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For the rapper, see Tech N9ne.
KG-99 / TEC-9 / TEC-DC9 / AB-10
Type Semi-automatic pistol
Place of origin Sweden, United States
Production history
Designer George Kellgren
Manufacturer Intratec
Produced 1985–2001
Number built 257,434
Variants TEC-9M (Mini, 76 mm barrel, no barrel jacket, 20-round magazine)
TEC-9S (Stainless Steel)[1]
Weight 1.23–1.4 kg depending on model
Length 241–317 mm depending on model
Barrel length 76–127 mm depending on model

Cartridge 9×19mm Parabellum
Caliber 9mm
Action Blowback-operated, semi-automatic
Muzzle velocity 1,181 ft/s (360 m/s)
Effective firing range 50 m (160 ft)
Feed system 10-, 20-, 32-, 36- and 50-round box magazine, 72-round drum magazine
Sights Iron sight

The Intratec TEC-9 or TEC-DC9 or AB-10 is a blowback-operated semi-automatic pistol, chambered in 9×19mm Parabellum. It was designed by Intratec, an American offshoot of Interdynamic AB. The TEC-9 was made of inexpensive molded polymers and a mixture of stamped and milled steel parts.


Swedish company Interdynamic AB of Stockholm designed the Interdynamic MP-9 9mm submachine gun. Intended as an inexpensive submachine gun based on the Carl Gustav M/45 for military applications, Interdynamic did not find a government buyer, so it was taken to US market as an open-bolt semi-automatic KG-9 pistol. The open bolt design was too easy to convert to full-auto. Because of this, the ATF forced Interdynamic to redesign it into a closed-bolt system, which was harder to convert to full-auto. This variant was called the KG-99. It made frequent appearances on Miami Vice, where it was legally converted to full-auto by Title II manufacturers.[2][3] The KG-9 and KG-99 have an open end upper receiver tube where the bolt, recoil springs and buffer plate are held in place by the plastic/polymer lower receiver frame. This design only allows for 115 grain 9mm ammo. If heavier grain ammo or hot loads are used, the plastic lower receiver will fail/crack rendering the firearm unusable. The later model TEC-9 and AB-10 have a threaded upper receiver tube (at the rear) and screw on end cap to contain the bolt , recoil spring and buffer plate, even if removed from the lower receiver. This solves the problem of lower receiver failure when using "hot ammo".

The TEC-9 was produced from 1985 to 1994.[4]

After the Cleveland School massacre, the TEC-9 was in California's list of banned weapons. To circumvent this, Intratec rebranded a variant of the TEC-9 as the TEC-DC9 from 1990 to 1994 (DC standing for "Designed for California"). The most noticeable external difference between the TEC-9 and the later TEC-DC9 is that rings to hold the sling were moved from the side of the gun with the cocking handle, to a removable stamped metal clip in the back of the gun. The TEC-9 and TEC-DC9 are otherwise identical.[citation needed]

The TEC-9 and, eventually, TEC-DC9 variants were listed among the 19 firearms banned by name in the USA by the now expired 1994 Federal Assault Weapons Ban (AWB).[5] This ban caused the cessation of their manufacture, and forced Intratec to introduce a newer model called the AB-10, a TEC-9 Mini without a threaded muzzle/barrel shroud and limited to a 10-round magazine instead of a 20- or 32-round magazine. However, it accepted the standard capacity magazines of the pre-ban models.

The weapon was the subject of controversy following its use in the 101 California Street shootings[6][7] and later the Columbine High School massacre.[8][9] California amended its 1989 Roberti-Roos Assault Weapons Control Act (AWCA) later in 1999, effective January 2000, to ban firearms having features such as barrel shrouds.[10][11]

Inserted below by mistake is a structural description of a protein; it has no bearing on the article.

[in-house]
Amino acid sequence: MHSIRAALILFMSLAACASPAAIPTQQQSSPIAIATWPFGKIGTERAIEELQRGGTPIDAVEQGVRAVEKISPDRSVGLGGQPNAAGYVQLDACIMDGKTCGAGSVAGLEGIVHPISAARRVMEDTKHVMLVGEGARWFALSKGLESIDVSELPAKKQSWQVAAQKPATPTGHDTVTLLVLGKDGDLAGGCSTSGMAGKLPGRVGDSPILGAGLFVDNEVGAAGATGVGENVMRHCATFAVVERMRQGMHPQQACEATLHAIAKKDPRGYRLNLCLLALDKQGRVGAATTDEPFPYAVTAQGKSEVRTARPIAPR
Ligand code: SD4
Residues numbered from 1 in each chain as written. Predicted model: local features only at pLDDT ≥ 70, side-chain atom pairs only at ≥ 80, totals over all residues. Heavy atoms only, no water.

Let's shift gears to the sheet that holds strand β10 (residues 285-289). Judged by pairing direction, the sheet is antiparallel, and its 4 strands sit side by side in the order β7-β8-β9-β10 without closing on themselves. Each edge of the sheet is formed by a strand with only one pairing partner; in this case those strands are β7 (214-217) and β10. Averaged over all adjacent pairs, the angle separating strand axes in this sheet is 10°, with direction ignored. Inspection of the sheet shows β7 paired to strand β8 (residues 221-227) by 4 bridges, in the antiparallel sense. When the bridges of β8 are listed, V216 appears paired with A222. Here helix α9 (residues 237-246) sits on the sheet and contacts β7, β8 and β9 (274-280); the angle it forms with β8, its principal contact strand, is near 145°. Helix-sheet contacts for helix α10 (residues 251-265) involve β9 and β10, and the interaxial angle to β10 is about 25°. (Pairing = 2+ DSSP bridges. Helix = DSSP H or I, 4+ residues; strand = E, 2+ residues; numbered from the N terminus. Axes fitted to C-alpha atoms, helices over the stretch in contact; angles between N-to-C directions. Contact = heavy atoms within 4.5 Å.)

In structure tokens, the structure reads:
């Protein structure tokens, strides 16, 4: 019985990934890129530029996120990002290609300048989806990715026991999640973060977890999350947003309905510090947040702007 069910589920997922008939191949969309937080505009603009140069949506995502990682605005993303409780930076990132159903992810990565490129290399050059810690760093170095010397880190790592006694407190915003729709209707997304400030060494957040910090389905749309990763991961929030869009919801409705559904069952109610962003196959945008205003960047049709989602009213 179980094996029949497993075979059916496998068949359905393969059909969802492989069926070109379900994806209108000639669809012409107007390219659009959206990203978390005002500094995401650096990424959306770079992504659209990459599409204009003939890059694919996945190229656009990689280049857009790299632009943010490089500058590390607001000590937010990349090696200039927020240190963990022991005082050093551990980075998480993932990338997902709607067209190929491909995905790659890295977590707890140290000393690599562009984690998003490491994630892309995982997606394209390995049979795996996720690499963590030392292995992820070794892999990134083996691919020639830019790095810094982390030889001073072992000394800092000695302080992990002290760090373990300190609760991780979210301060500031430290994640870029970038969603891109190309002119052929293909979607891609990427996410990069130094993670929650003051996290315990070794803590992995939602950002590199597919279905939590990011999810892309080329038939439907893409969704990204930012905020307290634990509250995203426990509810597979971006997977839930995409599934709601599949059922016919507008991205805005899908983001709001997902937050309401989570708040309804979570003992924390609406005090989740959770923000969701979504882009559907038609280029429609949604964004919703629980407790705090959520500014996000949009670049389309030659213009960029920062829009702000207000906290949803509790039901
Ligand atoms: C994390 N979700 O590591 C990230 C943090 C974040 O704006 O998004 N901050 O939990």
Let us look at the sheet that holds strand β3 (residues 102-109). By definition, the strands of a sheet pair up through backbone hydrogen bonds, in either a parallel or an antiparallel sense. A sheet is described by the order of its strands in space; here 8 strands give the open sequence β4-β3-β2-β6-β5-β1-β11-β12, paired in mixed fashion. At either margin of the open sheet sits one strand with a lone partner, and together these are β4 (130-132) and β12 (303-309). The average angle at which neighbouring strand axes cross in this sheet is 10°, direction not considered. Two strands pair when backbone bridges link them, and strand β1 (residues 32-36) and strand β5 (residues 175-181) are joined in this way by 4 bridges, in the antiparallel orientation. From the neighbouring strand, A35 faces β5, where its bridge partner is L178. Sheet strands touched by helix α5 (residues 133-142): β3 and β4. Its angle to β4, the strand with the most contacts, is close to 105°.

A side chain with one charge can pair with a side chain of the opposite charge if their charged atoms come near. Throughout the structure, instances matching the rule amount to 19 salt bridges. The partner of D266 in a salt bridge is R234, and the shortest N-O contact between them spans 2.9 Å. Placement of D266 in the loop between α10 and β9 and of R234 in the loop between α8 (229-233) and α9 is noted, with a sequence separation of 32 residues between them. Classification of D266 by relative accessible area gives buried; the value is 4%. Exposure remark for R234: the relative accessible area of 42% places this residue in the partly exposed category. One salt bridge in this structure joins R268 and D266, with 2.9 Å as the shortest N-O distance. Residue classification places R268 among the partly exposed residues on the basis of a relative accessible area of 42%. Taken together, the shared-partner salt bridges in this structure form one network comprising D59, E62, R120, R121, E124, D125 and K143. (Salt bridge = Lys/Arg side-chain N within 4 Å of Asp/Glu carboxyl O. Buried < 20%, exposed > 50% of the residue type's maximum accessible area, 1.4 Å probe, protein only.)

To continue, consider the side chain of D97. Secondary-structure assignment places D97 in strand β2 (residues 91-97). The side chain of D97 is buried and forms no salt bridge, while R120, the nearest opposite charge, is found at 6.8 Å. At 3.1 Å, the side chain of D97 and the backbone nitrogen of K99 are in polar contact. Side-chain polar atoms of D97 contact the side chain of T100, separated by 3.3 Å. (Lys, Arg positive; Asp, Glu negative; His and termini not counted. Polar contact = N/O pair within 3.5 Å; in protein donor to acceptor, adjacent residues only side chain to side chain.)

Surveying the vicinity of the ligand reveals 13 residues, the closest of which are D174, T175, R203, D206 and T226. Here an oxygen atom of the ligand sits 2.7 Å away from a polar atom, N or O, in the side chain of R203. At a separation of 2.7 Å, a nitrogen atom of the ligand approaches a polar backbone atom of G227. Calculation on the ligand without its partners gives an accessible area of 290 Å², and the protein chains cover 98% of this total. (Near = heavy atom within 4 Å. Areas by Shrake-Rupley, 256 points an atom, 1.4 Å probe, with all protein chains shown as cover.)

In 2001, the Supreme Court of California ruled that Intratec was not liable for the 1993 California Street attacks.[8] In that same year, the company went out of business and production of the AB-10 model ceased.[8]

Although still found on the used firearms market, the TEC-9 and similar variants are banned, often by name, in several states including California, New York, New Jersey[12] and Maryland.

See also[edit]


  1. ^ Hogg, Ian (1989). Jane's Infantry Weapons 1989-90, 15th Edition. Jane's Information Group. p. 70. ISBN 0-7106-0889-6. 
  2. ^ Muramatsu, Kevin (18 July 2012). The Gun Digest Book of Automatic Pistols Assembly/Disassembly. Iola, Wisconsin: Gun Digest Books. pp. 361–369. ISBN 978-1-4402-3006-6. Retrieved 10 July 2013. 
  3. ^ Peter Harry Brown; Daniel G. Abel (15 June 2010). Outgunned: Up Against the NRA-- The First Complete Insider Account of the Battle Over Gun Control. Free Press. pp. 90–96. ISBN 978-1-4516-0353-8. Retrieved 10 July 2013. 
  4. ^ Phillip Peterson (30 September 2008). Gun Digest Buyer's Guide To Assault Weapons. Iola, Wisconsin: Gun Digest Books. p. 139. ISBN 978-1-4402-2672-4. Retrieved 10 July 2013. 
  5. ^ "Intratec". Violence Policy Center. Retrieved 2010-01-20. 
  6. ^ "California Supreme Court Turns Back Gun Foes in Merrill v. Navegar". Findlaw. Retrieved 2010-01-20. 
  7. ^ "Assault Weapons: The Case Against The TEC-9". Retrieved 2010-01-20. 
  8. ^ a b c "Columbine Gun's Maker Closes Up; Legal Battles Ensnarled Navegar and TEC-9 Pistol". The Washington Post (August 18, 2001).
  9. ^ "The hidden culprits at columbine". Salon. Retrieved 2010-01-20. 
  10. ^ http://www.ux1.eiu.edu/~cfib/courses/silveira.htm
  11. ^ "A California AR/AK “Series” Assault Weapon FAQ…". calguns.net.  line feed character in |title= at position 36 (help)
  12. ^ Edward Colimore (March 14, 1993). "New Jersey Gun Owners Decry Ban Critics Were Legion At A Sports Shop. They Hope For A Senate Override Tomorrow Of Florio's Veto.". The Philadelphia Inquirer. Retrieved 2014-03-25. 

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